“We would love to host you in our century old heritage Darbargarh (small fort), in a quaint village of Kutch. Built of local sandstone, the rooms are thoughtfully appointed and retain the heritage and culture of the last century whilst amalgamating the necessities of the modern times. We will ensure you have a memorable holiday.”
~ Krutarthsinh Jadeja, host at The Devpur Homestay
Devpur is located in the historically as well as ecologically rich district of Kutch. It is at a distance of about 40 Kms from Bhuj, the headquarters of the Kutch district. Kutch literally means something which intermittently becomes wet and dry; a large part of this district is known as Rann of Kutch which is a shallow wetland which submerges in water during the rainy season and becomes dry during other seasons.
The Devpur Homestay was built in 1905 as Devpur Darbargadh (small manor) and is located in central Kutch. Built on a two acre area with the local sandstone in the classically ornamental Roha (Kutch) style, it consists of portico, courtyards, stucco pavilions and pillared halls. The Darbargadh is now also listed as a member of the Indian National Trust for Art and Cultural Heritage due to its historical and architectural importance. Since 1994 The White Eagles School is being run by the family in the same campus.
The spacious heritage rooms in the homestay are all different but warm and comfortable, with en suite modern bathrooms, living and dining areas. The rooms are spacious and comfortably furnished with double beds, writing tables, lounges etc. The rooms open up onto verandahs, cozily furnished with lounging chairs, overlooking the vast compound and the school.
The farmstay is build on natural building principles located amidst a 12 -acre Mango and Cheeku orchard, and is a stone's throw away from the homestay. It has two canvas tents (with a private bathroom each, made of refurbished kavelu or cottage tiles) and two well lit rooms made of earth-dust bricks.
Breakfast is inclusive in the tariff and Kutchi / Indian or continental meals are served in a vintage dining room or al fresco. Guests can also learn or watch the preparation of meals with the hosts willing to explain the nuances and expertise required in their preparation.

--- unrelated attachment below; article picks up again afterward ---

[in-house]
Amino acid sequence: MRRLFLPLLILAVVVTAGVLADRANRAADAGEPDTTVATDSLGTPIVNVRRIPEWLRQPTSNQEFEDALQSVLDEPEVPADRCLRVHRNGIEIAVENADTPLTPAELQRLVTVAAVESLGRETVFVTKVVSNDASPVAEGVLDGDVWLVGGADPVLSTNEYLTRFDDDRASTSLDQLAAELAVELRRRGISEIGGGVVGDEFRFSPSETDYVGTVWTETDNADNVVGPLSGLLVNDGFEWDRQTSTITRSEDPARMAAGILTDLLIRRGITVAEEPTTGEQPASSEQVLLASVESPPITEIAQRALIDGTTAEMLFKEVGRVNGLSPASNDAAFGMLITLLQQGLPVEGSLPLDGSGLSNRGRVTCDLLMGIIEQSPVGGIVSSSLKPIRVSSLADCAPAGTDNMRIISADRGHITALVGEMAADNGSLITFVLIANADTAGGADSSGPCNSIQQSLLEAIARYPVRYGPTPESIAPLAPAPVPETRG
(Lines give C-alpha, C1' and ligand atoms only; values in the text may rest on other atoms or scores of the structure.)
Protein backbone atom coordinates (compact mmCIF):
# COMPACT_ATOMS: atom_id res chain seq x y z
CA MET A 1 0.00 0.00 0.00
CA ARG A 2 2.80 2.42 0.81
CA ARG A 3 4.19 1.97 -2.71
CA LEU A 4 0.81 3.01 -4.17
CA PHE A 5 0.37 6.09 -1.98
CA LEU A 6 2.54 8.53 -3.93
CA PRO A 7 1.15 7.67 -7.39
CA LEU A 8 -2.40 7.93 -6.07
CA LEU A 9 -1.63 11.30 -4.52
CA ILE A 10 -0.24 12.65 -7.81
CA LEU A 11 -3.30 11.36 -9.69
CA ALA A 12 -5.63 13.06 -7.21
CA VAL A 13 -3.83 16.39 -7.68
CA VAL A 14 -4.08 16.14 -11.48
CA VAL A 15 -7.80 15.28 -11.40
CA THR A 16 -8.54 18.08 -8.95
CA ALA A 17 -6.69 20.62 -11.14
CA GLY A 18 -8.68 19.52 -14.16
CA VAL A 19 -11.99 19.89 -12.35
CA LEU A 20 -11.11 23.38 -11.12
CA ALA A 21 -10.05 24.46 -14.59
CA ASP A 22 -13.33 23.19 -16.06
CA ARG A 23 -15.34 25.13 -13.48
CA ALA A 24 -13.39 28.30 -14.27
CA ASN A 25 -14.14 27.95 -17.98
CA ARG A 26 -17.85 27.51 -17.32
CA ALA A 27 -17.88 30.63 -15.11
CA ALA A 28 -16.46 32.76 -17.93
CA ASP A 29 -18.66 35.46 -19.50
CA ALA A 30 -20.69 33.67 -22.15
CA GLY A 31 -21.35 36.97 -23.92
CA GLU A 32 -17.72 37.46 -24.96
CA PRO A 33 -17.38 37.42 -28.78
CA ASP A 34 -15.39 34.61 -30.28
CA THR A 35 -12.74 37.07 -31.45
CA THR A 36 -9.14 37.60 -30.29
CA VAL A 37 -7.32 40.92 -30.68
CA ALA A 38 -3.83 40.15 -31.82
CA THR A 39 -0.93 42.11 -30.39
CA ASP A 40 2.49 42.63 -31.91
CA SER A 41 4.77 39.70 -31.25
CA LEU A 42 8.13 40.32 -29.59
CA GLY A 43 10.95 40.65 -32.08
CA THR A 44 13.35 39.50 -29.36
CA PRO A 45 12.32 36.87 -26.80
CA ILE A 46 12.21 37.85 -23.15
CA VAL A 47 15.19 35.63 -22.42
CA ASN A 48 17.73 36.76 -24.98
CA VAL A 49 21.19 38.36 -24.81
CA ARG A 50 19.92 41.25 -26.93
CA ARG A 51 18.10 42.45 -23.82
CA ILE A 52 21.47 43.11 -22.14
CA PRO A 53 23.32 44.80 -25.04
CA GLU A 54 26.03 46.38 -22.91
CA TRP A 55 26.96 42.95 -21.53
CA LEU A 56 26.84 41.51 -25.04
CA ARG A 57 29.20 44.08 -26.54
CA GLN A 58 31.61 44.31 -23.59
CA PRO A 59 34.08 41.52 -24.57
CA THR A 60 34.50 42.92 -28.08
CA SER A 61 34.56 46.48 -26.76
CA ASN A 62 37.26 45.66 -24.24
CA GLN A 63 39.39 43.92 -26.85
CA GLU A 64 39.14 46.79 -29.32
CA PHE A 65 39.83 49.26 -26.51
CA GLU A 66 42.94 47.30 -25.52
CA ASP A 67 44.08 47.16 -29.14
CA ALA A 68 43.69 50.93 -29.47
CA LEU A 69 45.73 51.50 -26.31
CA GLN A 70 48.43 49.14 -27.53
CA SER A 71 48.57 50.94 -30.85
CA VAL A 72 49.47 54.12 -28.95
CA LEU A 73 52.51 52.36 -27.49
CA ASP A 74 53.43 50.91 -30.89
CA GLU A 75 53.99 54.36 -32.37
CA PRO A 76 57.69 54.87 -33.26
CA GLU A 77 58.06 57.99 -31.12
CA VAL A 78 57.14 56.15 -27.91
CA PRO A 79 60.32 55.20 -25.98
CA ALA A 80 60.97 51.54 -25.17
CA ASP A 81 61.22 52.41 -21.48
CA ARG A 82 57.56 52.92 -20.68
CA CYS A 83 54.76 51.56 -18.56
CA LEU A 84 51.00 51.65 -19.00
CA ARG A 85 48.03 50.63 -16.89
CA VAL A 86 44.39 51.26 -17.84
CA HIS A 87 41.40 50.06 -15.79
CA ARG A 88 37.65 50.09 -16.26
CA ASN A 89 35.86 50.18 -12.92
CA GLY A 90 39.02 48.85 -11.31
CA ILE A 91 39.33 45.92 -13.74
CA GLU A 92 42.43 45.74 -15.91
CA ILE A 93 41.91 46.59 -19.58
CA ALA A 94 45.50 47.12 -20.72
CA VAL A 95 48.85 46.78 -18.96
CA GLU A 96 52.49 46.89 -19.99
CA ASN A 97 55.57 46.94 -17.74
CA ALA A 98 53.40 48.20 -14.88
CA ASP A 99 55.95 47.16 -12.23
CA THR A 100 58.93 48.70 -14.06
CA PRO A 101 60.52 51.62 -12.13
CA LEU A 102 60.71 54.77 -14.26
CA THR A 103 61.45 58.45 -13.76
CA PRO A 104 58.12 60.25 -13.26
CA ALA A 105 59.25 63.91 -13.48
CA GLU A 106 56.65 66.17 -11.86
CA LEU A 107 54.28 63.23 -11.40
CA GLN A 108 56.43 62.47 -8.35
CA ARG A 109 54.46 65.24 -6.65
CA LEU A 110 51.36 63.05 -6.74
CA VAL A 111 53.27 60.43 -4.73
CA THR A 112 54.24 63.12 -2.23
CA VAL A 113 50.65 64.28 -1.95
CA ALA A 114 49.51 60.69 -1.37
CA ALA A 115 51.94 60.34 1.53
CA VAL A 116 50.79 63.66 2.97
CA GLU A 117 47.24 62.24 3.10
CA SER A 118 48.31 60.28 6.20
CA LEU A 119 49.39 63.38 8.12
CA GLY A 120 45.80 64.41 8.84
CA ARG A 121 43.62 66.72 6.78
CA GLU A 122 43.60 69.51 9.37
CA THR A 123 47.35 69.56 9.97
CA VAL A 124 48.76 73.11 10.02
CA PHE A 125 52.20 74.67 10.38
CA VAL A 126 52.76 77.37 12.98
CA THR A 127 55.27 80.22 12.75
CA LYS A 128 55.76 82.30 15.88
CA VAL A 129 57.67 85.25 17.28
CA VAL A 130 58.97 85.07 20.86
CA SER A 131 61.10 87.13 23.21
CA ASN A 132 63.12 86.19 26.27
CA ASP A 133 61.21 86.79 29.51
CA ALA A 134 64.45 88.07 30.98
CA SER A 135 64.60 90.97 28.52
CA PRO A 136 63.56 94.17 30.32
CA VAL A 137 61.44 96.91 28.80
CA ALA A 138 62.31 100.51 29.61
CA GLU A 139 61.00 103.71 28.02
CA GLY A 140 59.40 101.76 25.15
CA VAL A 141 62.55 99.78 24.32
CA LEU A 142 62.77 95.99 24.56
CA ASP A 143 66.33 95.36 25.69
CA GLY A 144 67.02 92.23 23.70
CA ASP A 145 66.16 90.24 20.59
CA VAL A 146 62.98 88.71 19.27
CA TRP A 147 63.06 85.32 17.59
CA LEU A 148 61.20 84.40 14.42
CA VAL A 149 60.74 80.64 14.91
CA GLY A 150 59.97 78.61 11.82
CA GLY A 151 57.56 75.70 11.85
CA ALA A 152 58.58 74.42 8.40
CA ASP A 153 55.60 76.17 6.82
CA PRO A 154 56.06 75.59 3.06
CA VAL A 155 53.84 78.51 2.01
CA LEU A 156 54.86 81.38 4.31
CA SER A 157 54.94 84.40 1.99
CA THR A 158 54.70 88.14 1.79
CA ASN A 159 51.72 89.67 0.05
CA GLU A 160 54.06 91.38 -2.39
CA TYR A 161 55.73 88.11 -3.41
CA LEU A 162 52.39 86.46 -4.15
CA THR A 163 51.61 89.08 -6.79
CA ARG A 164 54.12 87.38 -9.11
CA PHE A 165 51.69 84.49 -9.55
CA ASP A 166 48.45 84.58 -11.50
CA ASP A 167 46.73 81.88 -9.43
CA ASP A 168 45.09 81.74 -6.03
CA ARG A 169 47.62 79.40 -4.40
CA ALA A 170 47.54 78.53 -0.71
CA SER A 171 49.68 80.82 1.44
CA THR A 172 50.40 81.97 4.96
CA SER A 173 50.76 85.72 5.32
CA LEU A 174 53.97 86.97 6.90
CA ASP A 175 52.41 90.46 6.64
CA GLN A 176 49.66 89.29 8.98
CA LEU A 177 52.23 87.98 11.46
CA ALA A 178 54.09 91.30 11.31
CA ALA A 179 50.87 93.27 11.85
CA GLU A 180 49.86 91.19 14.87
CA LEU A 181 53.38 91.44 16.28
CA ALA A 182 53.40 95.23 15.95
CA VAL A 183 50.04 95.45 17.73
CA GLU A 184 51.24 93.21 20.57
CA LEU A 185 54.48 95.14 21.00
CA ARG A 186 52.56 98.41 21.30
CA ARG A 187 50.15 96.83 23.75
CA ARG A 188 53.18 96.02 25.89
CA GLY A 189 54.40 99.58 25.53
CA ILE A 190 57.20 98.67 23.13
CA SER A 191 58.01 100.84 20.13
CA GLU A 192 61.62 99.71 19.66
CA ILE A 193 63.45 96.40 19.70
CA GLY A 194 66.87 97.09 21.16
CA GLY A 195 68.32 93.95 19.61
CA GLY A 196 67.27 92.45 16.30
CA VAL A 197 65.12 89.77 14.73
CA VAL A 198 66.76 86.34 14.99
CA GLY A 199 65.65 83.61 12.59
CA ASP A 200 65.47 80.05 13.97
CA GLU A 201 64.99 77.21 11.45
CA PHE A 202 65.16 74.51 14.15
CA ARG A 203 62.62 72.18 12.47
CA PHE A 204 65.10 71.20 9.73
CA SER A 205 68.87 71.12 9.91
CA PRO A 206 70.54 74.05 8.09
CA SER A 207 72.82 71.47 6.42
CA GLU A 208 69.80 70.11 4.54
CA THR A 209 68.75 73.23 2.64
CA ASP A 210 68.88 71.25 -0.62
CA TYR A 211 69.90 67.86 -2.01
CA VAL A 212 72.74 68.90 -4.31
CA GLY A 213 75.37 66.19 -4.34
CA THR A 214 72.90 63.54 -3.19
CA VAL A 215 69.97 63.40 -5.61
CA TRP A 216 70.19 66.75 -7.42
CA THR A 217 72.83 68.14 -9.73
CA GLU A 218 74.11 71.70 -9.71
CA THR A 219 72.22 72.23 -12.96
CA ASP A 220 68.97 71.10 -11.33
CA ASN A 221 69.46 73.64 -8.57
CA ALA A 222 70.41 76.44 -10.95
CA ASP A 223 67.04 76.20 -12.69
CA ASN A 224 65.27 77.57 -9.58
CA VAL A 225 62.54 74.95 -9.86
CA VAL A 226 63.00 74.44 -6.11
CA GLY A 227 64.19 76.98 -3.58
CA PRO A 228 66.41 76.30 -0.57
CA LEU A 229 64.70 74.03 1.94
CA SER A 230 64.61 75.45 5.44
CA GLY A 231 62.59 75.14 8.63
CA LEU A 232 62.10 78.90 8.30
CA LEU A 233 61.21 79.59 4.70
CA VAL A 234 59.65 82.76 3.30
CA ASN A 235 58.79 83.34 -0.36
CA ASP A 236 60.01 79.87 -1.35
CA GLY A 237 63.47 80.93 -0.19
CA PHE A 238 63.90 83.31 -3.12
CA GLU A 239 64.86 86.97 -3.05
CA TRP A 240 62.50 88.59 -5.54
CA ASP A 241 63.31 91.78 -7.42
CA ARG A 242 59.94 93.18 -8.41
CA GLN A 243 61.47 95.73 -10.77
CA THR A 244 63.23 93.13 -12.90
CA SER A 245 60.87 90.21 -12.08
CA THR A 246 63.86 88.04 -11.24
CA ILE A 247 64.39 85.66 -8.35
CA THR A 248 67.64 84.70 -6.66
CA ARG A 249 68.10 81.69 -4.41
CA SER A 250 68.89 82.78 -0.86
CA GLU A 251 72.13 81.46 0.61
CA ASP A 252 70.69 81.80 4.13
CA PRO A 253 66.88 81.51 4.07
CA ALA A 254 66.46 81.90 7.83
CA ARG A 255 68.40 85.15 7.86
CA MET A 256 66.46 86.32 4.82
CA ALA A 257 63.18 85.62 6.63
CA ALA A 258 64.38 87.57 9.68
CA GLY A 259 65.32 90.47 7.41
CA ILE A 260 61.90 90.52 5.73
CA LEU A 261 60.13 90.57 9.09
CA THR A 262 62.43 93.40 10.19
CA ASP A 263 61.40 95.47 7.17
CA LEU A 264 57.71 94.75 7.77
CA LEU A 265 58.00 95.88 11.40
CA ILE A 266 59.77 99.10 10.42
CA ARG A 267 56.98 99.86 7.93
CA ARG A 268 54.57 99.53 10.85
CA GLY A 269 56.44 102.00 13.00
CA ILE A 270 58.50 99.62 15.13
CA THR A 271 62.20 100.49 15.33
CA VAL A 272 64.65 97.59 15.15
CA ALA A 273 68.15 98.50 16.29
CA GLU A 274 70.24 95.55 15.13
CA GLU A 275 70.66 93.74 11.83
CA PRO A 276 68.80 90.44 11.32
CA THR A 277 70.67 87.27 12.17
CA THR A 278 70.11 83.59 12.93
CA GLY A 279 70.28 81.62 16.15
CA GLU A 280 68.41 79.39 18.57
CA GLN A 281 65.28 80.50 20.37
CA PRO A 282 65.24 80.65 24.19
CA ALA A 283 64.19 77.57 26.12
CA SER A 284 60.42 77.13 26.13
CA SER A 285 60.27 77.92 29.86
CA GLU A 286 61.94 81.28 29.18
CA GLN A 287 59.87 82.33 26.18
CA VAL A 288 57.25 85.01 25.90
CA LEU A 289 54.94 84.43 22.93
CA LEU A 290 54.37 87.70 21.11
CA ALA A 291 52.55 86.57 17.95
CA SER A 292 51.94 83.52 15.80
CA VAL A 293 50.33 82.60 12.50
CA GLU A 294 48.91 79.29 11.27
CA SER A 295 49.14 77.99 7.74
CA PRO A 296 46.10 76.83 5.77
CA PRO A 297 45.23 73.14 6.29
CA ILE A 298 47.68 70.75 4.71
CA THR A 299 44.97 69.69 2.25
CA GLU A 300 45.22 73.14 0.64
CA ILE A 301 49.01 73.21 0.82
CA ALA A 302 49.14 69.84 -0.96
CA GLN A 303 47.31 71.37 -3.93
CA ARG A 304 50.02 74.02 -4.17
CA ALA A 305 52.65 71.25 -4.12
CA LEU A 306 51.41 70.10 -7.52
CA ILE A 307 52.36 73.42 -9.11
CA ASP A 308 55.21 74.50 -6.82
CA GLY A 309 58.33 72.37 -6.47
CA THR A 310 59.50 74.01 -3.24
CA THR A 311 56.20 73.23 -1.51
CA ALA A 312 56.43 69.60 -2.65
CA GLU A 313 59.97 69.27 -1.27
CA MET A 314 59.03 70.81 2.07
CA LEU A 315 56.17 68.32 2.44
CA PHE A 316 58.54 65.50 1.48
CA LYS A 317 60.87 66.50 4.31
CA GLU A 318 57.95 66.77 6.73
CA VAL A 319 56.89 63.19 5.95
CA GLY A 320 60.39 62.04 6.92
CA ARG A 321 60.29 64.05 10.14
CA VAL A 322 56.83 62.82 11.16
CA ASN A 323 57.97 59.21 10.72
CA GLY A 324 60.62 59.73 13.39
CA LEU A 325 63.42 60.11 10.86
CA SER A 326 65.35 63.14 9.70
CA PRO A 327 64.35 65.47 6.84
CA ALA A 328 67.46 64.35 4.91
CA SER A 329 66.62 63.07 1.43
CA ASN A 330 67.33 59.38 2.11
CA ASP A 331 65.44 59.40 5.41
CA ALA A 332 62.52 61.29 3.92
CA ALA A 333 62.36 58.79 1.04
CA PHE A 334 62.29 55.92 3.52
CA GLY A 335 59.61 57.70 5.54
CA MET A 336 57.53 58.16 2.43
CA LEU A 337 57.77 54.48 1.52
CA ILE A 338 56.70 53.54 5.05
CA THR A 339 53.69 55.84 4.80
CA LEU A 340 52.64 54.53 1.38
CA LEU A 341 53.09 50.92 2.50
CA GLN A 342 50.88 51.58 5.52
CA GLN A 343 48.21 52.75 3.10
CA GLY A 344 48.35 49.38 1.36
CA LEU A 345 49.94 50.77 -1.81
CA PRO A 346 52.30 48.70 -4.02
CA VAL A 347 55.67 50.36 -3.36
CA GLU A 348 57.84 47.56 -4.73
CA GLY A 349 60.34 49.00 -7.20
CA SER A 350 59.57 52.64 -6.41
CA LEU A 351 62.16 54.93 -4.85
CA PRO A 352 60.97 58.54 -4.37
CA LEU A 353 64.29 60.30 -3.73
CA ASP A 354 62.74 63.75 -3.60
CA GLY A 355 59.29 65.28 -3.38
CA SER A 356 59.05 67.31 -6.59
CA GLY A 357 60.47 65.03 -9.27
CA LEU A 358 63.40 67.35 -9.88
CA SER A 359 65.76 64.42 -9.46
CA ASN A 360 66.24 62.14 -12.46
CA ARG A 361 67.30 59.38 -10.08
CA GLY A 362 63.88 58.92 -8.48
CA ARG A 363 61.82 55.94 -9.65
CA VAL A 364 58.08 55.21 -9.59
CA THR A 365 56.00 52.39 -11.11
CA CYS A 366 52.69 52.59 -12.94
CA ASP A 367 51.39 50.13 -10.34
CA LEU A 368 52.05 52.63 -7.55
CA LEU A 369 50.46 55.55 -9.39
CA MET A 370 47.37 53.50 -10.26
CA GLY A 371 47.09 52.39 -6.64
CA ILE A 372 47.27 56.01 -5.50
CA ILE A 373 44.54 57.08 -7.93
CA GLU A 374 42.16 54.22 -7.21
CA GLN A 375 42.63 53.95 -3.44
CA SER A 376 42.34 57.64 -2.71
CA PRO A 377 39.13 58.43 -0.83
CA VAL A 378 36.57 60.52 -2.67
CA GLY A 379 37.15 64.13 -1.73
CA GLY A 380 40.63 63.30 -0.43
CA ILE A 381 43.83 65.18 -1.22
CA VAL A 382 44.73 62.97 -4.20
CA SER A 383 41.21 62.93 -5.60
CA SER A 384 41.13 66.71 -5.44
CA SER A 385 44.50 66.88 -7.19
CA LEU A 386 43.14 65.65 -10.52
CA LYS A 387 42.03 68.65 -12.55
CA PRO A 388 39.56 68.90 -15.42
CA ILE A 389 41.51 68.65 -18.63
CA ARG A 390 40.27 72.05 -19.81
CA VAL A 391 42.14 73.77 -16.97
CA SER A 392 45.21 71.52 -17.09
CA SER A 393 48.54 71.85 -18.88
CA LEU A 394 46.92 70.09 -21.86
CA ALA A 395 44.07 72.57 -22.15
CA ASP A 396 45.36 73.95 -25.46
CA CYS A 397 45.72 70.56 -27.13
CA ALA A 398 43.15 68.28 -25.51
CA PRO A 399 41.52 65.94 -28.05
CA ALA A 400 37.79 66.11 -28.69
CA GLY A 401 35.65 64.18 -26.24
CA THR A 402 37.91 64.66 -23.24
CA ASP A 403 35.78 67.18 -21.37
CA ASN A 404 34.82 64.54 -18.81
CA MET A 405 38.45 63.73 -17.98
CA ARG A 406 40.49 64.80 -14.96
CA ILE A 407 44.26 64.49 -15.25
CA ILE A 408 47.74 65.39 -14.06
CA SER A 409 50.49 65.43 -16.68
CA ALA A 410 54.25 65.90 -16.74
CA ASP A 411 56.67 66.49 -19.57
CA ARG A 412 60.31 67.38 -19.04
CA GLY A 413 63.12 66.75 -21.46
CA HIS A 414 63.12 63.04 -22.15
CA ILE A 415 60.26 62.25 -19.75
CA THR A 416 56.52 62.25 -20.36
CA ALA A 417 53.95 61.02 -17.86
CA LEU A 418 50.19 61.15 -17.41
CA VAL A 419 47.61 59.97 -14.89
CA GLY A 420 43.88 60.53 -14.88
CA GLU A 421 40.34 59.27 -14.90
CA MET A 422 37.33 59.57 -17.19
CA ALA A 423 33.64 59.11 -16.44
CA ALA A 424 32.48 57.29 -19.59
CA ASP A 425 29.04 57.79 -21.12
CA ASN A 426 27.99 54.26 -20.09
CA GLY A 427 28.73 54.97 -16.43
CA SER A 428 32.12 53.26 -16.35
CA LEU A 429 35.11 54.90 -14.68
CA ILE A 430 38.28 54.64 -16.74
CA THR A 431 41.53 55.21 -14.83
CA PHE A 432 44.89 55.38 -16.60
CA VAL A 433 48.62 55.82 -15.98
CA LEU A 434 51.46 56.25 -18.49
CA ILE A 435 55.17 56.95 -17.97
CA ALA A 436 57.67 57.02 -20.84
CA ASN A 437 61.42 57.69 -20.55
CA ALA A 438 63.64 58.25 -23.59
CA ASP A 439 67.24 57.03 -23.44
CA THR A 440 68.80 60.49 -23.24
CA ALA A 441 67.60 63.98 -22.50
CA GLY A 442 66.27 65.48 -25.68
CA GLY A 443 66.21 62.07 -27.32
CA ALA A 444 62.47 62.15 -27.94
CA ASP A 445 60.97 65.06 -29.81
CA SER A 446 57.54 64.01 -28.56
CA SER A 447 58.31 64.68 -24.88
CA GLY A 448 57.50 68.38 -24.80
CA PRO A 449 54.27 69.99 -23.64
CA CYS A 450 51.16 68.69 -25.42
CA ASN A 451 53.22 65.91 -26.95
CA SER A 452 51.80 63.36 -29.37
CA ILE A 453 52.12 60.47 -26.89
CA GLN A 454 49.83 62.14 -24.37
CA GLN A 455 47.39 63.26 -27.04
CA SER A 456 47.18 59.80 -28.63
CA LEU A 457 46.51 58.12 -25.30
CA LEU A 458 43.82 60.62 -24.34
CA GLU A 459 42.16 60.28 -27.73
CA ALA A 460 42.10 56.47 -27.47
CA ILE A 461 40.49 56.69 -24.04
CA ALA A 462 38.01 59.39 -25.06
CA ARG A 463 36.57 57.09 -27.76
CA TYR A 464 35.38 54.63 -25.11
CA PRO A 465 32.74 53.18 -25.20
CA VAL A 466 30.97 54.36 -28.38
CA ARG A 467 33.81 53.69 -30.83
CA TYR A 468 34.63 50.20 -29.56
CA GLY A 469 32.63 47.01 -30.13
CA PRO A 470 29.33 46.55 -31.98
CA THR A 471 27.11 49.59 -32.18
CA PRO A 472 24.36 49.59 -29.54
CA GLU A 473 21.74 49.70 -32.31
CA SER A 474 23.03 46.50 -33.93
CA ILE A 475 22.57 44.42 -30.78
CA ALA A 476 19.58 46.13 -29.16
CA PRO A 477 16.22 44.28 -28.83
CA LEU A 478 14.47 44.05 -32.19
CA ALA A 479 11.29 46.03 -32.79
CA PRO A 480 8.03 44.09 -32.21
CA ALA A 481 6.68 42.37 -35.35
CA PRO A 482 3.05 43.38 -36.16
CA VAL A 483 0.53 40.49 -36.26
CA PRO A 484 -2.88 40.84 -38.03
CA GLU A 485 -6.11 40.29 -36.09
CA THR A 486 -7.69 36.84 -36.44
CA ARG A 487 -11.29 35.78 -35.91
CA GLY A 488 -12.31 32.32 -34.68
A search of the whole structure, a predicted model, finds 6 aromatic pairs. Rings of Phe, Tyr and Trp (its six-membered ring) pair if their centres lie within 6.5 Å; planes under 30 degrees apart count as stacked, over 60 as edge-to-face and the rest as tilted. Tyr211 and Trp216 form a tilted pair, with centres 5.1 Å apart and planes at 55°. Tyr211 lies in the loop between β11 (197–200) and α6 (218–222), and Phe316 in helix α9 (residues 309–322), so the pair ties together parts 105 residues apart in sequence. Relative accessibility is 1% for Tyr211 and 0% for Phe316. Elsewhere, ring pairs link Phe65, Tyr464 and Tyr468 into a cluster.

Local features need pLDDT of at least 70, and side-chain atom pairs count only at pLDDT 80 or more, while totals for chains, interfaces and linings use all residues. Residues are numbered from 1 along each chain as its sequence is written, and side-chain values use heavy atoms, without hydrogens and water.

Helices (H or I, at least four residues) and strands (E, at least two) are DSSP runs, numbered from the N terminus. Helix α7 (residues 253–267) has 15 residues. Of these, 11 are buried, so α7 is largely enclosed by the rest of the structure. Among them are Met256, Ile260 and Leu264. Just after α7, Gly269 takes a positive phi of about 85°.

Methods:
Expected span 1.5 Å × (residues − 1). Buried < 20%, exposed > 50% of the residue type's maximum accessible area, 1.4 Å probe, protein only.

You can treat your stay at the Devpur Homestay as a do-nothing break; while away time in your verandah, watch the beautiful Sun rises and Sunsets, spot colourful birds, read, write, paint draw, do the things you love to do but never get the time for. If you are one who likes a lot of activity with Devpur as base, one can visit Mandvi, Dholavira, Lakhpat, Narayan Sarovar, Koteshwar, and Great Rann.
Devpur is also a delight for the bird watchers, trekkers and travelers at large. The area’s rich Culture, Handicraft, Tradition or Archaeology would leave any traveler spellbound and wanting to return again.
Activities in and around Devpur include::
Twin Sharing: Rs.5000/-
Twin Sharing: Rs.4500/-
Four Beds: Rs.5000/-
Three Beds: Rs.4500/-
Three Beds: Rs.4500/-
Twin Sharing: Rs.3500/-
Twin Sharing: Rs.1800/-
Tariff includes breakfast and taxes.
Lunch / Dinner: INR 350 (Non Veg) and INR 250 (Veg) per person per meal
* There is a 15% premium on the following dates due to peak season / full moon nights : 2nd to 4th December, 24th December to 2nd January, 13th to 14th January, 26th to 28th January, 30th January to 1st February
This tariff is valid till September 30th 2018. For the Period of 15th March 2018 to 31st July 2018, 50% off on the published tariff is offered
Devpur is located 40 km from Bhuj and 100 km from Gandhidham (Kandla) by road.
Daily flights/ trains are available from Mumbai to Bhuj. Also an excellent network of roads within Gujarat connects Devpur via Bhuj.
Winters are chilly by the night and temperatures would dip into single digits but days are clear and sunny.
The Jadeja family, for decades, have been involved in the welfare of the Devpur village. The staff in Devpur - housekeeping, cooking and others - are all locals, trained in hospitality. The White Eagles school run in the same campus is something you do not expect village schools to be it is an example in itself. The haveli, more than 100 years old, is built mostly from limestone and did not sustain major damages even during the 2001 Bhuj Earthquake.
How you can make a difference on this trip: